Keep Tabs on HGV Driver Qualifications to Protect the Logistics Employment Pool

Venson calls businesses with commercial fleets to play their part in halting the UK’s shortage of skilled HGV drivers

With almost one in ten logistics businesses (9.8%) reporting HGV driver recruitment struggles1, Venson Automotive Solutions is urging companies operating vehicles over 3,500kg GVW  to play their part in protecting a struggling sector. By ensuring driver qualifications, licences and training requirements are properly managed, Venson believes businesses can help bolster employment and career opportunities whilst stimulate interest from new recruits for the benefit of the logistics industry as a whole.

Brexit has impacted driver recruitment from the EU, there is a backlog of driving tests caused by Covid-19 and self-employment tax reforms have led to EU drivers leaving the UK, all of which is exacerbating a long standing skills shortage conundrum.

Logistics UK, one of the UK’s leading business groups, is lobbying government to make driver training affordable, accessible and attractive for all, a move welcomed by Venson. However, the fleet management expert also calls for businesses to rally to protect and motivate existing HGV drivers.  By closely monitoring which vehicles each of their existing drivers are licenced to drive and ensuring that they undergo training when needed to renew their qualifications, businesses and fleet managers can play their part in protecting the UK’s existing pool of skilled drivers.

Gil Kelly, Operations  Director for Venson comments: “Managing drivers can be one of the most challenging aspects of an operator’s business. While ultimate responsibility lies with a driver to ensure they hold the correct licence for the vehicles they drive, every business retains a Duty of Care to validate this before a vehicle is assigned. Businesses should utilise an efficient system to keep on top of licence renewal dates and training requirements to ensure they and their drivers remain fully compliant with valid licences.”

Professional drivers of Heavy Good Vehicles (HGVs) and Light Commercial Vehicles (LCVs) weighing over 3,500kg GVW are legally required to hold a Driver Certificate of Professional Competence (CPC) qualification. This is obtained, and renewed every five years, by completing 35 hours of training followed by competency exams. Drivers must always carry their certificate – sometimes called a ‘driver qualification card’ (DQC) – while driving professionally or they run the risk of facing a £50 fine. Driving without a valid Driver CPC qualification could lead to a £1,000 fine and invalidated insurance.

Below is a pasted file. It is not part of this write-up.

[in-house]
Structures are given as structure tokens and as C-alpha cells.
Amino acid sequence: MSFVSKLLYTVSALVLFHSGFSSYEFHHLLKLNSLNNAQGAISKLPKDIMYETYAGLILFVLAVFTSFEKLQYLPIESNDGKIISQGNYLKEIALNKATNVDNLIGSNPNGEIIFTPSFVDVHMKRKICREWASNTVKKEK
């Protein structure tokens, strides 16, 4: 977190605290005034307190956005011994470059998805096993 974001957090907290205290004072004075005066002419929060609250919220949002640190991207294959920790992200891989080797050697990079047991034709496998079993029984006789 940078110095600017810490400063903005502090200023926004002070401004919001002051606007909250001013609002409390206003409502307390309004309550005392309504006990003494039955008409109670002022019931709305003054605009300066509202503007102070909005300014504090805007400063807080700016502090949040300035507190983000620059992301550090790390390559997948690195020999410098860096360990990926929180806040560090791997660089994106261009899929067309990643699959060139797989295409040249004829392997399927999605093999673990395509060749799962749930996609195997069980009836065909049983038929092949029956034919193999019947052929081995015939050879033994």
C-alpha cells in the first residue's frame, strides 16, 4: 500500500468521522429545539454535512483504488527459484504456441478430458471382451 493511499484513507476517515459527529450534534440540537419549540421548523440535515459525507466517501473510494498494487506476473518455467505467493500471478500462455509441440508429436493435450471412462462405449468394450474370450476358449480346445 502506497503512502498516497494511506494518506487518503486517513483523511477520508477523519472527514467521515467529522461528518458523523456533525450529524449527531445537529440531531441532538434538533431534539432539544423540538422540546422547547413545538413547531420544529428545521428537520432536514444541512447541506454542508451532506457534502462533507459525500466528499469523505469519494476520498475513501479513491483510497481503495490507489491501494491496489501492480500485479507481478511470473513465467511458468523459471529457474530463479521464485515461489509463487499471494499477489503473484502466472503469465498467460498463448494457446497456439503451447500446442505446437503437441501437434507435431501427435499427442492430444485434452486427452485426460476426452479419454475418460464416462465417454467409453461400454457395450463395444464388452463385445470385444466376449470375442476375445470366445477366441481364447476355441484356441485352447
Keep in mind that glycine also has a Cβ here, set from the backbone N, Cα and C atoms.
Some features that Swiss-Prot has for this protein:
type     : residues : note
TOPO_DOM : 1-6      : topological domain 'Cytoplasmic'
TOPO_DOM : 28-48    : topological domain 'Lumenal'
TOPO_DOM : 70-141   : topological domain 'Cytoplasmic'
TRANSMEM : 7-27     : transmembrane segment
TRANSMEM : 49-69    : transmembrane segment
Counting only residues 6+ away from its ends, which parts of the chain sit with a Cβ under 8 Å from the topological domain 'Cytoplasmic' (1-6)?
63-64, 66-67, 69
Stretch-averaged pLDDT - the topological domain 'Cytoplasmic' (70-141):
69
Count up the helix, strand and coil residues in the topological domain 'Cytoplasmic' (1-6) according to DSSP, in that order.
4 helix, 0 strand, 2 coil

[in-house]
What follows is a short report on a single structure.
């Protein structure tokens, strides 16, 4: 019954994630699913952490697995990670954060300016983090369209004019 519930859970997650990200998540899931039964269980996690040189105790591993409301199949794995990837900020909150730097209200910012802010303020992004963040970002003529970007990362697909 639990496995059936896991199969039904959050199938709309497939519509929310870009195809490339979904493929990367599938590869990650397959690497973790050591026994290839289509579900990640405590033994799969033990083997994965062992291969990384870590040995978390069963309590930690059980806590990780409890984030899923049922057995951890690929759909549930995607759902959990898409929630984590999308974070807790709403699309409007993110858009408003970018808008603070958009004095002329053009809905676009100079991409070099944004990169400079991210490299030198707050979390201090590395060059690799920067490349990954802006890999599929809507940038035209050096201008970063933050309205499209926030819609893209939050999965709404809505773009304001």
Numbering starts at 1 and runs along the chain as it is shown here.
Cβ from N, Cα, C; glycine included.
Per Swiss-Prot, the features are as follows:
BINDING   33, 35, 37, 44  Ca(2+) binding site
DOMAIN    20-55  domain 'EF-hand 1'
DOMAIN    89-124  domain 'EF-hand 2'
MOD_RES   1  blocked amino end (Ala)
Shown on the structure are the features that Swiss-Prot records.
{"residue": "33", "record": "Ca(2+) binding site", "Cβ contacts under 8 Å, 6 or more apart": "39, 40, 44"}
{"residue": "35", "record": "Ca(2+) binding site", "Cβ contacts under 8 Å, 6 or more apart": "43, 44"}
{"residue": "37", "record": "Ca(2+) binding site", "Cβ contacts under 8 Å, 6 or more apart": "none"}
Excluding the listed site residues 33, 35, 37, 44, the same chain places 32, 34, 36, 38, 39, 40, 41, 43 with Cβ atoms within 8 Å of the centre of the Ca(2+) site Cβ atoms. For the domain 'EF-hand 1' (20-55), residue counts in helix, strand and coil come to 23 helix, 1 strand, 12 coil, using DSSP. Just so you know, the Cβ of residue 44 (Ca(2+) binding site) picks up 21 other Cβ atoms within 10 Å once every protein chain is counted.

In addition, vehicles manufactured in the EU since May 2006 and being used for hire or reward that have a Gross Vehicle Weight (GVW) of over 3,500kg must have a tachograph fitted, to automatically log speed, distance and driver activity. Vans weighing 3,500kg but with a tow hitch fitted must also have a tachograph fitted, as the potential added weight of a trailer and its contents will add to the vehicle’s GVW.

Gil Kelly continued: ““There is a lot for fleet managers and the wider business to keep on top of.  Consideration also needs to be given to  what the vehicles and their drivers are required to do. For example, does the driver require training for heavy lifting, safe loading of the vehicle, or the use of ancillary equipment such as operating cranes or tail lifts? Any of these will require specific training, and the use of ancillary equipment may require a licence, which must be kept up to date.

Venson Automotive Solutions white paper, Operating Commercial Vehicles Beyond 3.5t GVW covers the three major areas of the upsizing process, Personnel considerations, Preparing your business and Vehicles, and includes a handy expansion planning checklist for fleet managers.


  • Licences – Fleet managers must validate that drivers hold the correct licence for their allocated vehicle
  • Training – Training and exams must be completed regularly to maintain compliance and qualifications
  • Ancillary equipment – Loading cranes, tail lifts and forklifts may require additional training and licences
  • Health and Safety – Drivers may require additional training for heavy lifting, and on-the-job refreshers are a good idea to reduce the risk of injury and absence. Enforcing physical health checks could be incorporated to ensure continued safe operation and driver fitness
  • Log it – Fleet managers should employ a system to keeping track of qualifications and training, and renew in plenty of time to avoid fines or downtime
  • Driver Handbook – Companies should compile a handbook for every employee driving for the business, including the relevant regulations. This will need updating regularly in line with new regulations, especially when the fleet grows to include larger vehicles with different licence requirements
  • Personal Protective Equipment (PPE): Regularly review what PPE should be provided to drivers: Hi-vis jackets, hard-hats, steel toe-capped boots etc, dependent on job role and use/load of the vehicle.

Download a copy of ‘Operating Commercial Vehicles Beyond 3.5t GVW whitepaper’